NHS England announced on Thursday 30 November that it had agreed plans to recommend that many “low value treatments” including fish oil and homeopathy no longer be provided on the NHS, and that it would “press ahead” with guidance to GPs and CCGs to remove these, as well as restricting the use of 11 more. This could save up to £141 million a year, the health body says.
NHS England chief executive Simon Stevens said: “The NHS is one of the most efficient health services in the world but we’re determined to make taxpayers’ money go further. The NHS should not be paying for low value treatments and it’s right that we look at reducing prescriptions for medicines that patients can buy for a fraction of the price the NHS pays.”
RPS England chair Sandra Gidley said the Society “welcomes the proposals to restrict prescribing of medicines where there are safer or more effective alternatives to ensure the NHS can continue to gain best value from the medicines it funds”.
She added that NHS England had listened to the Society’s concerns around medicines which “if stopped or changed could have a detrimental effect” on people’s health and had incorporated these concerns into final guidance for CCGs.
However, Ms Gidley said, the new consultation on restricting prescribing for OTC medicines for self-limiting conditions is “of great concern”.
Ms Gidley said: “Community pharmacists are the right professionals to support patients to self care and help to reduce pressure in other parts of the health service. Part of self care may include buying OTC treatments when appropriate and affordable for an individual.
“However, we remain very concerned that the upcoming proposals on restricting prescribing of cost-effective and safe OTC medicines will end up exacerbating existing health inequalities and cause ill health among our most vulnerable and deprived communities, who cannot afford to pay for treatments.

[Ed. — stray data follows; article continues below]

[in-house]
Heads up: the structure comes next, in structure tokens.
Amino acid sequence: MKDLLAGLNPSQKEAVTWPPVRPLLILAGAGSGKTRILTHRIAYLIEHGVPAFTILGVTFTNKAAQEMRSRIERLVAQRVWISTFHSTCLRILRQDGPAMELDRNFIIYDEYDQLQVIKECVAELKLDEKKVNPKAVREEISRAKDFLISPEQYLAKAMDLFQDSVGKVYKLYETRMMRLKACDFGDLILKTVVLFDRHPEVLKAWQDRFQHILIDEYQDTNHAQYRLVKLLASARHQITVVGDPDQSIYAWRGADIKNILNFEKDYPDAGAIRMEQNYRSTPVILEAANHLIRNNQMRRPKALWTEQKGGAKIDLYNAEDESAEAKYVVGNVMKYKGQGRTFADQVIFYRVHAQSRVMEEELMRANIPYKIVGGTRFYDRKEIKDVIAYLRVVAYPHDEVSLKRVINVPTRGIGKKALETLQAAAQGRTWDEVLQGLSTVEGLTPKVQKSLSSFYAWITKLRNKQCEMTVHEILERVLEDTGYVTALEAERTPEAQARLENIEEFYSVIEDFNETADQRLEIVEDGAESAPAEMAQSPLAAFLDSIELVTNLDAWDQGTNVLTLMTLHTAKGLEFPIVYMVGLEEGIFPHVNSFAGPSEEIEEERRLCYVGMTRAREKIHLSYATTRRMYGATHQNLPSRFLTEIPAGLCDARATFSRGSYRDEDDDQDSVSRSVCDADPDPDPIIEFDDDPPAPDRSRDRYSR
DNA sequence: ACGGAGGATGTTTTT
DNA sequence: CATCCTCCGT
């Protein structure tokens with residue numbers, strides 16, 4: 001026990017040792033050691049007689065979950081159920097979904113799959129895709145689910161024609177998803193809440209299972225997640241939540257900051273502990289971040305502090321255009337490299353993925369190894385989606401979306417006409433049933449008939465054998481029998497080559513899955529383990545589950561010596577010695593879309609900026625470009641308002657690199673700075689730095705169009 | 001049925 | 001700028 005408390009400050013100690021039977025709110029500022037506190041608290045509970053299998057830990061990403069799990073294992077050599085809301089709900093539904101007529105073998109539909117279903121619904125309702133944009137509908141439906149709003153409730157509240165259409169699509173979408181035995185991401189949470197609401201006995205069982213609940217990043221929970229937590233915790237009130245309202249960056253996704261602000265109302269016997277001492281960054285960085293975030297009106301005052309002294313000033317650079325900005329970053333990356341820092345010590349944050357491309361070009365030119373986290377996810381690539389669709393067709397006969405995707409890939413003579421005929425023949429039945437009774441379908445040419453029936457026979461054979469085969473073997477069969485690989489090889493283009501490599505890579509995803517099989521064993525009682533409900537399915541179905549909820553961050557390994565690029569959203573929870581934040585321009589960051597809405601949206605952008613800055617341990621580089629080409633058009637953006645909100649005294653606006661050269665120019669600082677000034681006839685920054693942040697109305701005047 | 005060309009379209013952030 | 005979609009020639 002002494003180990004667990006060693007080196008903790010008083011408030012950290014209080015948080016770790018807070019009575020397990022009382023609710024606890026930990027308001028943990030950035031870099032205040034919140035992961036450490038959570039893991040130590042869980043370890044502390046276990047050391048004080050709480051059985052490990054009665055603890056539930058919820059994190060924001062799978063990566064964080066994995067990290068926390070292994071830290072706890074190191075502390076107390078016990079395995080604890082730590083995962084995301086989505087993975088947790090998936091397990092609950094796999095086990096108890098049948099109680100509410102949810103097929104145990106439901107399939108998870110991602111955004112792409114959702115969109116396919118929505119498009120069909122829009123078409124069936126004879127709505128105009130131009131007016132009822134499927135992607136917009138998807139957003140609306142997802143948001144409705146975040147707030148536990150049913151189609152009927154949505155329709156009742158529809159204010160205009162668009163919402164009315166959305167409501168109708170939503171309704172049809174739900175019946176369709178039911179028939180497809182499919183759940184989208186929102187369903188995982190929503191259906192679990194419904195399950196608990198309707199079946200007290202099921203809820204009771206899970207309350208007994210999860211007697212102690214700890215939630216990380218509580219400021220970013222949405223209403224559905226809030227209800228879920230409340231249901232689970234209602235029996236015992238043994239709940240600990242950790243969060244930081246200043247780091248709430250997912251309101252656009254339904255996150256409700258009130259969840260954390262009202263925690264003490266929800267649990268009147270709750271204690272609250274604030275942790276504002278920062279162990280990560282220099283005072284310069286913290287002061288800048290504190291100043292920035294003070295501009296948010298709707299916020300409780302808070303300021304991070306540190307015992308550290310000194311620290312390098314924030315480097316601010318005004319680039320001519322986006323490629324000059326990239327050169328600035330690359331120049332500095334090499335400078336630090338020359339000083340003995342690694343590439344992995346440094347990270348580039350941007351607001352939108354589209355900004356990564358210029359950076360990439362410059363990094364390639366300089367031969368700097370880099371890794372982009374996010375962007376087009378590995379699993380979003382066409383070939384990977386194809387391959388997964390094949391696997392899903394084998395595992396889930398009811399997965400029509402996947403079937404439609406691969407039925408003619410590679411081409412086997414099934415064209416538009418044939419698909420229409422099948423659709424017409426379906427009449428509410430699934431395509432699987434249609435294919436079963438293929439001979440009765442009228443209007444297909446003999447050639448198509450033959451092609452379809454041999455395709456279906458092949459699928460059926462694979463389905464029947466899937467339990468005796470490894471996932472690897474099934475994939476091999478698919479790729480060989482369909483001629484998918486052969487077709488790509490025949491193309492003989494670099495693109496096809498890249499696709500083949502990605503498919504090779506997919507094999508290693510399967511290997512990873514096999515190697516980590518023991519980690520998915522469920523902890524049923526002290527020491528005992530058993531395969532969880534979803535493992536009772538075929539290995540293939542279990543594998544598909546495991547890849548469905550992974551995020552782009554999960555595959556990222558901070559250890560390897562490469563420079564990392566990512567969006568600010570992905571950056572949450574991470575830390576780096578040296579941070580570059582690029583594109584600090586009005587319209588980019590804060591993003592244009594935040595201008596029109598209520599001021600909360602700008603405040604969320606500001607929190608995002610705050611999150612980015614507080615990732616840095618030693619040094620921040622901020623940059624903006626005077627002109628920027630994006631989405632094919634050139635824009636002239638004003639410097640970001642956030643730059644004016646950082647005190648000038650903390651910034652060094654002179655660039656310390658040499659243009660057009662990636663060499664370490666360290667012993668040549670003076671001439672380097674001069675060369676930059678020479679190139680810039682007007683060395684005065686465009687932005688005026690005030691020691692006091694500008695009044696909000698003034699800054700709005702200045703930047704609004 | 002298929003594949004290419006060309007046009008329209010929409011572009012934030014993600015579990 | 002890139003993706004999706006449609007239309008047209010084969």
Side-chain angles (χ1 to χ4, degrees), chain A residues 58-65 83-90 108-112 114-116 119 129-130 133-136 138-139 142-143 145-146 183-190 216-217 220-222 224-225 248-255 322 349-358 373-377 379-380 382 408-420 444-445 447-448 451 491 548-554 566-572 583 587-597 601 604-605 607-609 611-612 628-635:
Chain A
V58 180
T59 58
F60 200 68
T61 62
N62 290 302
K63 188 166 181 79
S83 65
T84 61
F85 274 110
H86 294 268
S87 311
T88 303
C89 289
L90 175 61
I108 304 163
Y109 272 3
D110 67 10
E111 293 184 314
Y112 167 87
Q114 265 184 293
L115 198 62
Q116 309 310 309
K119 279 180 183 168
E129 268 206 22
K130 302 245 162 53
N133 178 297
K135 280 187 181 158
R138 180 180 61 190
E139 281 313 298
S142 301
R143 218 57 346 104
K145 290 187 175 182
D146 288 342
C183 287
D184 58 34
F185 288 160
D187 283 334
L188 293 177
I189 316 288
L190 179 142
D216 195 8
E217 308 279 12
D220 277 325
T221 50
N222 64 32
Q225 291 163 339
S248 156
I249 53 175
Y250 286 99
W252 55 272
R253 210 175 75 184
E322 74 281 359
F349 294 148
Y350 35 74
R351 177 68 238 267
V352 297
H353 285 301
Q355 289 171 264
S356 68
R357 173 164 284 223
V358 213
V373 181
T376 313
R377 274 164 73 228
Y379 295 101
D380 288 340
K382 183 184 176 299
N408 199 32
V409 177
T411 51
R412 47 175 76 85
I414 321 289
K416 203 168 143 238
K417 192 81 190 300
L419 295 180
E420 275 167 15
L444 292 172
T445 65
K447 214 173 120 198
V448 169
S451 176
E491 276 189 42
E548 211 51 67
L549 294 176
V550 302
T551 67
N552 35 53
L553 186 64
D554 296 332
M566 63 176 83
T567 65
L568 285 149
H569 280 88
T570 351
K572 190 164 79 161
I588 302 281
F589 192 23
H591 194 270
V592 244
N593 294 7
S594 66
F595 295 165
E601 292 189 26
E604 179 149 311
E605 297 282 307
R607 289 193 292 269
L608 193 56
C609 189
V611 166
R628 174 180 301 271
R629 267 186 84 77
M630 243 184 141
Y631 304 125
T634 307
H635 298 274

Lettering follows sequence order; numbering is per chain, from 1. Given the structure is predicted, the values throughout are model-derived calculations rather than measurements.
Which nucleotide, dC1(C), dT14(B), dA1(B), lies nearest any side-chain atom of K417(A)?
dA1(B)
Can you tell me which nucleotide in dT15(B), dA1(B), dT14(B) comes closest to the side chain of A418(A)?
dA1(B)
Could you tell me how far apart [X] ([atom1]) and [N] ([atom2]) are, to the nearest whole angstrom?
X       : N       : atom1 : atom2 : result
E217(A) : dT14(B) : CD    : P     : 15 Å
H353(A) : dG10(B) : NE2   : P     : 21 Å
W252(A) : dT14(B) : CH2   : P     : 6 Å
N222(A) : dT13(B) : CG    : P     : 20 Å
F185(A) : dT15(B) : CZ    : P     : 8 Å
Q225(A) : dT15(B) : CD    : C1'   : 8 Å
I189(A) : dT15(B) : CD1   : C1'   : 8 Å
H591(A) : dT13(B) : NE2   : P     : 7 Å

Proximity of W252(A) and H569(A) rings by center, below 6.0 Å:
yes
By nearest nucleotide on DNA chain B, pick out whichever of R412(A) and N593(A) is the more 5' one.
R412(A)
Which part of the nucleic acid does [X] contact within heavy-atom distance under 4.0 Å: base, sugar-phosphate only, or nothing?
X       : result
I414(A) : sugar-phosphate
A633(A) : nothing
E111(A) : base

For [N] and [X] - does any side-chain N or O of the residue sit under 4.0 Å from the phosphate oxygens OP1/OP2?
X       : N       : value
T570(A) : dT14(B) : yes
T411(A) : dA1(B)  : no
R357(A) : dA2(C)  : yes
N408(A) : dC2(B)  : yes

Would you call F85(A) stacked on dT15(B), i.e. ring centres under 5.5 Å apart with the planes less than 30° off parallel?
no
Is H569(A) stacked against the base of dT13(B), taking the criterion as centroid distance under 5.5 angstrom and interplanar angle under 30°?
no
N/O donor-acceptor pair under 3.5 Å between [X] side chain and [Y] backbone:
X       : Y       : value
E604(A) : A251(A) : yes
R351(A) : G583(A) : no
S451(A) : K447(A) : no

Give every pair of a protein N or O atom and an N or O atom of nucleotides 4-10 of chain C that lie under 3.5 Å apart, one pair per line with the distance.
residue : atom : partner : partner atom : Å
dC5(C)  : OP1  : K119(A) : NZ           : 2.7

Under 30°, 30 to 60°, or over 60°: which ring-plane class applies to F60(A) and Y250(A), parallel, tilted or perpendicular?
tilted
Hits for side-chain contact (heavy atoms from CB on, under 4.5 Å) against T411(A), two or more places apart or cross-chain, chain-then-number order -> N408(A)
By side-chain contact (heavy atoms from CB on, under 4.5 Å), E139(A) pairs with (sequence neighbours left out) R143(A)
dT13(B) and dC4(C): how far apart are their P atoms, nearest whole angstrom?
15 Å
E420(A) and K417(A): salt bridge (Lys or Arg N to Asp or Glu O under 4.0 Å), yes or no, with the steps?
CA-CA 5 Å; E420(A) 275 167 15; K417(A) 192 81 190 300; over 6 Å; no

“Such a move would also violate Principle 2 of the NHS Constitution, which clearly states that Access to NHS services is based on clinical need, not an individual’s ability to pay, and would fundamentally alter the relationship between patients and the NHS.”
The RPS will respond to the consultation when it is published next year, Ms Gidley said.
Commenting on the announcement, Numark head of professional development Laura Reed said: “We all acknowledge that pharmacies can offer much greater support to the NHS and are ideally placed to support patients with self-care, however our members continue to struggle under the current financial pressures imposed and we must ensure they are fully valued and properly resourced if they are to deliver.
“As a profession, pharmacy must be involved in any discussions around restricting prescribing and directing patients to self-care from the start. Wider consideration also needs to be given to how the most vulnerable in society will be supported if they are no longer able to access items on prescription and if this may have unintentional consequences on other areas of the NHS such as out of hours and urgent care.
“Pharmacies will also be responsible for managing the expectations of patients referred by their GP to purchase treatment but where that treatment may be subject to the professional discretion of the pharmacist or even the product licencing. Both GPs and patients need to be aware of this professional responsibility and duty of care.
“Despite the pharmacy minister stating ‘things have moved on’ from minor ailments, this proposal once again raises the need for a national minor ailments scheme, something Numark have consistently called out for, as well as clearly demonstrating the valuable role pharmacy can play as an integral part of the NHS.”